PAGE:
A couple of times previously, I have mentioned the Winter Park 10K run. That day, early last March, was a turning point for me. So many of the various ideas and concepts that had been uplifting me recently suddenly seemed to come together in sharp focus. I could see the potential for phenomenal things happening as I continued to open up to my inner intuitive sense.
Can't make this shit up!
As I tell this story, the actual moments of the race may not seem earth-shaking to you, but here’s what gives me goosebumps: that day it seemed to me that I saw unlimited possibilities everywhere I looked.
The only way I can describe the day of the race is to say it was an emotional roller coaster. From dealing with ankle pain; to feeling a loss of motivation during the race; to pushing past the exhaustion to turn on the backburners and finish strong, I perceived both the awesome power in listening to intuition, as well as the stifling result when I let fear block intuition.
Just because I said...
This year I discovered the power of the phrase “just because I said.” It is such a simple way of motivating change or setting intentions, and I am finding it incredibly useful. For example, I wanted to run an 8-minute mile; that was my stated goal, and just because I said it, I wanted to achieve it.
It helps me to be really clear with myself about the measurable goal I set for any task. To a large extent, I can be my own accountability partner. But receiving some help from others is often a great idea. Running a 10K is a challenge, a metaphor for much in life. I find that selecting another runner just ahead of me in the race, and keeping pace with that person, makes it easier for me to follow through.
Focused on Fluorescence
I’d chosen a couple of guys to follow as pacesetters in the Winter Park run, but they seemed to slow down quickly, so I looked around for someone else. This time, I chose a woman in a fluorescent green jacket. I chose her (I thought, at the time) because I was wearing fluorescent green sneakers. It was actually an intuitive decision, though I was only vaguely conscious of that.
I followed the woman in the fluorescent jacket through the rest of the race (despite a quick delay when my ankle was squawking at me). At one point, though, I began losing sight of her. My alarm bells began clanging furiously. I felt fatigued, and wondered if I needed to just slow down, or even quit. It seems dramatic now, but losing sight of her felt like failure, like I had just let myself way down, like I just couldn’t win.
Then suddenly, pushing all fretting aside in a renewed burst of energy, I caught up with her.
I was overwhelmed with gratitude for her inspiration – even though she had no idea what she meant to me!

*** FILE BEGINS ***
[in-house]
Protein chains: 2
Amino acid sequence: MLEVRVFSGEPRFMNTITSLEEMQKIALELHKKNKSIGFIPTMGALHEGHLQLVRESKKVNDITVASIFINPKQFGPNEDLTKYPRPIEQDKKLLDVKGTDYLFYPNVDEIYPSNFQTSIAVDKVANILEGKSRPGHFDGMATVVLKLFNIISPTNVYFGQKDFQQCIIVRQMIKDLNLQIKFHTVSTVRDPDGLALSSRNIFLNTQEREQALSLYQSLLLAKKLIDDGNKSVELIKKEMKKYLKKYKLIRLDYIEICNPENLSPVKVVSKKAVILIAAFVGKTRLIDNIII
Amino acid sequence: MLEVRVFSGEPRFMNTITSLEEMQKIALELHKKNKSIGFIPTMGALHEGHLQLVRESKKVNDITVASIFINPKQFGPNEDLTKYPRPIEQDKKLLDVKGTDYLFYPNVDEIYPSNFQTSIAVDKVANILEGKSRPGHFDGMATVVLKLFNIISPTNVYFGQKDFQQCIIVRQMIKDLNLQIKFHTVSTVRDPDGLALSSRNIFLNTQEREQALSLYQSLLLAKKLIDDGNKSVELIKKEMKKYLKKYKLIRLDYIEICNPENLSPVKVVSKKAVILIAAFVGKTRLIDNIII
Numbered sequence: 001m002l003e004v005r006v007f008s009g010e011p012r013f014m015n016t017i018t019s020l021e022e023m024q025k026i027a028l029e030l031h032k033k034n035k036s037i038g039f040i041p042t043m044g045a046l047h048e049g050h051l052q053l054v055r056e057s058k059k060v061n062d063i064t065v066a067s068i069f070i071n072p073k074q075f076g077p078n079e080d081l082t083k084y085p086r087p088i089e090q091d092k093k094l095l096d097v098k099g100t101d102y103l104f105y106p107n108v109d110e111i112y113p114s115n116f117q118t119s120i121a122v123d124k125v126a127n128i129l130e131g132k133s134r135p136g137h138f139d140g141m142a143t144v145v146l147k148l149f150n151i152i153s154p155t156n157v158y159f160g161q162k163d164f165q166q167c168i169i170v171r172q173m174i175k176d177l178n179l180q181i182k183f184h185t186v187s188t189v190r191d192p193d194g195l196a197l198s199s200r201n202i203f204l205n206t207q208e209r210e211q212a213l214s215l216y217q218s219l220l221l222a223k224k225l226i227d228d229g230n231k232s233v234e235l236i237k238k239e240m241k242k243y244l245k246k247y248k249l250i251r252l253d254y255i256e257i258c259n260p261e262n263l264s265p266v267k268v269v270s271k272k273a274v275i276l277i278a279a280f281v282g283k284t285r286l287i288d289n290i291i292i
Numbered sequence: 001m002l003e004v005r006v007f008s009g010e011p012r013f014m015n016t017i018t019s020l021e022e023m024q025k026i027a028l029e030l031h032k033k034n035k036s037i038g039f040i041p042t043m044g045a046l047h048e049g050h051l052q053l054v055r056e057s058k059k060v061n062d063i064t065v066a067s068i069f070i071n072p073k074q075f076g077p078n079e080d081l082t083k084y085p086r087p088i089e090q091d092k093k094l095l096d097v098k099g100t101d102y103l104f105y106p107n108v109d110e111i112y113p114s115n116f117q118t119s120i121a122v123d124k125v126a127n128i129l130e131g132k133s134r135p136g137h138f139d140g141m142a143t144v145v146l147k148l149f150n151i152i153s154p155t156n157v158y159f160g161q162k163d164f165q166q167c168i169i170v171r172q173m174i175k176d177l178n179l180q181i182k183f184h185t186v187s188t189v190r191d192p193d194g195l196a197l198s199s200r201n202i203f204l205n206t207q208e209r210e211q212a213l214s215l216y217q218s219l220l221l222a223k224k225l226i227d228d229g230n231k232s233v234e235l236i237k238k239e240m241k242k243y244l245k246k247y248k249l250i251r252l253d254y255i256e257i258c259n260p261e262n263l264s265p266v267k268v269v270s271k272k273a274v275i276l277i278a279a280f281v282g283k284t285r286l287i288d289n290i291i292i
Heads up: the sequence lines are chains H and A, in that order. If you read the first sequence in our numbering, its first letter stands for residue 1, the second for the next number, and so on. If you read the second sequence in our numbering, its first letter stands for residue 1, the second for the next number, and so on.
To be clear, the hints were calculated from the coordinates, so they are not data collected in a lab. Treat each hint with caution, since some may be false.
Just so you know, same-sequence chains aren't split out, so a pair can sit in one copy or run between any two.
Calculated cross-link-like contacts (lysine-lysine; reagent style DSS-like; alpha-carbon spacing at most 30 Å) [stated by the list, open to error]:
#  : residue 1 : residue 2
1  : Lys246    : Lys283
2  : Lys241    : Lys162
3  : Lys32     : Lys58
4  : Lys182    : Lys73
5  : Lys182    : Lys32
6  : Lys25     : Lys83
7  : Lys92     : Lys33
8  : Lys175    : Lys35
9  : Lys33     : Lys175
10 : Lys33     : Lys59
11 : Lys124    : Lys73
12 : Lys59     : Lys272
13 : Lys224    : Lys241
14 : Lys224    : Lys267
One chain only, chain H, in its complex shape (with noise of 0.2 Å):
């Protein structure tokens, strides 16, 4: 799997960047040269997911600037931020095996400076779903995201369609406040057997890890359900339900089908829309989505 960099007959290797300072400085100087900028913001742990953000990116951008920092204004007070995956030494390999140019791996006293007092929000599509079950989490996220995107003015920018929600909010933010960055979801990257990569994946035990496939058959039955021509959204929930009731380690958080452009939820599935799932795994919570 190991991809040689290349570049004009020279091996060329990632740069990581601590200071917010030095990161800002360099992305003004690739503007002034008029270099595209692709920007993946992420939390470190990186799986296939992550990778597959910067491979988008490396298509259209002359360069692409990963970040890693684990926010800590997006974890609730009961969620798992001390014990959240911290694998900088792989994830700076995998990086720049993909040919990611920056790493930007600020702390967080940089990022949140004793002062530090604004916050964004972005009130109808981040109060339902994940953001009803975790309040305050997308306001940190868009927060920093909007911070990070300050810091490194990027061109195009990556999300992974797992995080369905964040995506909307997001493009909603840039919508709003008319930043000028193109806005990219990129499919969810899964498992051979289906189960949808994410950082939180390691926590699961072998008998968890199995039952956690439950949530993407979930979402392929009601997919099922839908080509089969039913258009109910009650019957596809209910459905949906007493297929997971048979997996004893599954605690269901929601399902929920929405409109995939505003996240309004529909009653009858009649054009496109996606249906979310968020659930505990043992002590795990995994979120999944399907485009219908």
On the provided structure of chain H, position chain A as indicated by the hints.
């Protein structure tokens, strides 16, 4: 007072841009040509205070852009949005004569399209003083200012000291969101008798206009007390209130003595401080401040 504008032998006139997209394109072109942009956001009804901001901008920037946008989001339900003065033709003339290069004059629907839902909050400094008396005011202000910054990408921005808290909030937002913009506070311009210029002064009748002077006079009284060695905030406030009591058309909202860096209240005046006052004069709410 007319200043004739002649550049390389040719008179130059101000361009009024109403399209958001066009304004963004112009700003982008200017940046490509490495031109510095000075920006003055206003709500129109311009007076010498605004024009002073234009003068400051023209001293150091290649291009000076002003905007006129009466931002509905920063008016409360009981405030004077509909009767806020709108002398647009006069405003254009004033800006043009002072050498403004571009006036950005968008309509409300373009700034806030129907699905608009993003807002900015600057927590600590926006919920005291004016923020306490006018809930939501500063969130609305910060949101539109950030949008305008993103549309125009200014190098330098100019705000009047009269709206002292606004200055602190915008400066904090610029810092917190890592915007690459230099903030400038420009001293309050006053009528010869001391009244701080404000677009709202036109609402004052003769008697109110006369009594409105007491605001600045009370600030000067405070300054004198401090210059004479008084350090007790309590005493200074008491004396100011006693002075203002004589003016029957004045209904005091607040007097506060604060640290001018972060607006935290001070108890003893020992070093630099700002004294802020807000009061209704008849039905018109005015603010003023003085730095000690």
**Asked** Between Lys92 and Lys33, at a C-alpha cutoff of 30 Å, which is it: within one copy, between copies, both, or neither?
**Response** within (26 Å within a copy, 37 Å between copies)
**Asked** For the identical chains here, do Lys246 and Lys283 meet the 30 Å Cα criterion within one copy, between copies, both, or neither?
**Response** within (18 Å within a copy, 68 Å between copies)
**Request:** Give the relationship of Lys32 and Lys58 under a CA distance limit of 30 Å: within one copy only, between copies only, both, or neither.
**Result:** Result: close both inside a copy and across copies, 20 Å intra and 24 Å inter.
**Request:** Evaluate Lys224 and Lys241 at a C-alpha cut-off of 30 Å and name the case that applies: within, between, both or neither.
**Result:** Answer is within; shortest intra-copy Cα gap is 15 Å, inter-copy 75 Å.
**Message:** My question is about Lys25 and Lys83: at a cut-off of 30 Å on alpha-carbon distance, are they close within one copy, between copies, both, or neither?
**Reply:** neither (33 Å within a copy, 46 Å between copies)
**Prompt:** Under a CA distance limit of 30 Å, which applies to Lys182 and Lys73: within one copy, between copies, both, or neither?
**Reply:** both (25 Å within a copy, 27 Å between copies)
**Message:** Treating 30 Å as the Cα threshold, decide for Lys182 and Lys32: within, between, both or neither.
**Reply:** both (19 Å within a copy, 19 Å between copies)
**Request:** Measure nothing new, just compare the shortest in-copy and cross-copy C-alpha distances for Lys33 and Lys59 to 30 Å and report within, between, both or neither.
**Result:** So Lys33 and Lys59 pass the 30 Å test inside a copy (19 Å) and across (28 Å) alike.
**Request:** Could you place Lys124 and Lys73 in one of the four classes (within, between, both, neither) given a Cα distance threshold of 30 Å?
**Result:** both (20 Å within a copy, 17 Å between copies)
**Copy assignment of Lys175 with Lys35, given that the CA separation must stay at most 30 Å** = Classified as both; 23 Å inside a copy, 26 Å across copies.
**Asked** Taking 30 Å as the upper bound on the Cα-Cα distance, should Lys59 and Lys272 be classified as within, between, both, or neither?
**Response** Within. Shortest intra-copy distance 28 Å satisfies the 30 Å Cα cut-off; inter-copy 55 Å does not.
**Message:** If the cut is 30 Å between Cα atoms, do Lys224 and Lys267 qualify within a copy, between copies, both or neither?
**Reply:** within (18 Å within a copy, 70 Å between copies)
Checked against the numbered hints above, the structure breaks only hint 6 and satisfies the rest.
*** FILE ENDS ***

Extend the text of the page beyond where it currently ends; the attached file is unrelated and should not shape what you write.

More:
It was the thought of her, this stranger to whom I had pledged allegiance, that gave me the energy to finish the race. It was a flow between me and my imagination, sure. But more importantly, it was me allowing whispers of intuition to influence my thought and action, and to overrule fearful reluctance. Allowing space for inspiration.
When I focus on the creative potential of the moment, instead of all the things keeping me from the goals I seek, the way to success is clarified. It’s obvious to me that if I want to serve more fully and meaningfully, being open to intuition increases my ability to pay it forward.
Where attention goes, energy flows. It’s the basic rule of living abundantly. What we focus on, expands.
The rest of this story shows how that works from both sides.
The roller coaster continues
As we were nearing the finish line, I sped up. I like to do this with every race – give it that final big push. I noticed, though, that my running buddy did not speed up. My first thought was to run up beside her and encourage her, give her a bit of cheerleading to charge full blast across the line.
But when I came up in line with her, I saw she was looking down at the ground, focusing hard. Was she in pain? Was she tired? Should I interrupt her? Maybe I should leave her alone… Fear and doubt overcame me.
I stifled the impulse to speak to her, and succumbed to the fear in my head. I crossed the finish line happy with my speed but feeling miserable about quashing a clear and generous intuition. I saw how my qualms had made a hot mess of things.
After the race, I began to wonder if I should look for the fluorescent jacket in the crowd, or just forget about the whole thing.
Then I saw her! I approached and introduced myself, we got to chatting, and I related how she’d inspired me. Her name is Kim and I found her on Facebook later. She’s certainly getting the link to this post! I was so deeply touched by the help she’d given me, without even realizing it.
Here’s our impromptu photo showing off our twin fluorescence!
Loving my "new normal"
After this race, with its many boggling moments and connections, I was more convinced than ever that a “new normal” was evolving for me. In several ways, I touched the fear and moved through it, and the result was marvelous abundance.
Now a whole new life is opening up. Part of that new life is continuing to ease open the portal to intuitive knowing.
Maybe I was emotional after the Winter Park run, but you would be too if you had just struck gold.
The gifts of inspiration are gold and much more.
Want to read more?
If you would like to read more about the life-changing experiences leading up to the Winter Park 10K, check out the blog posts below for the rest of the story!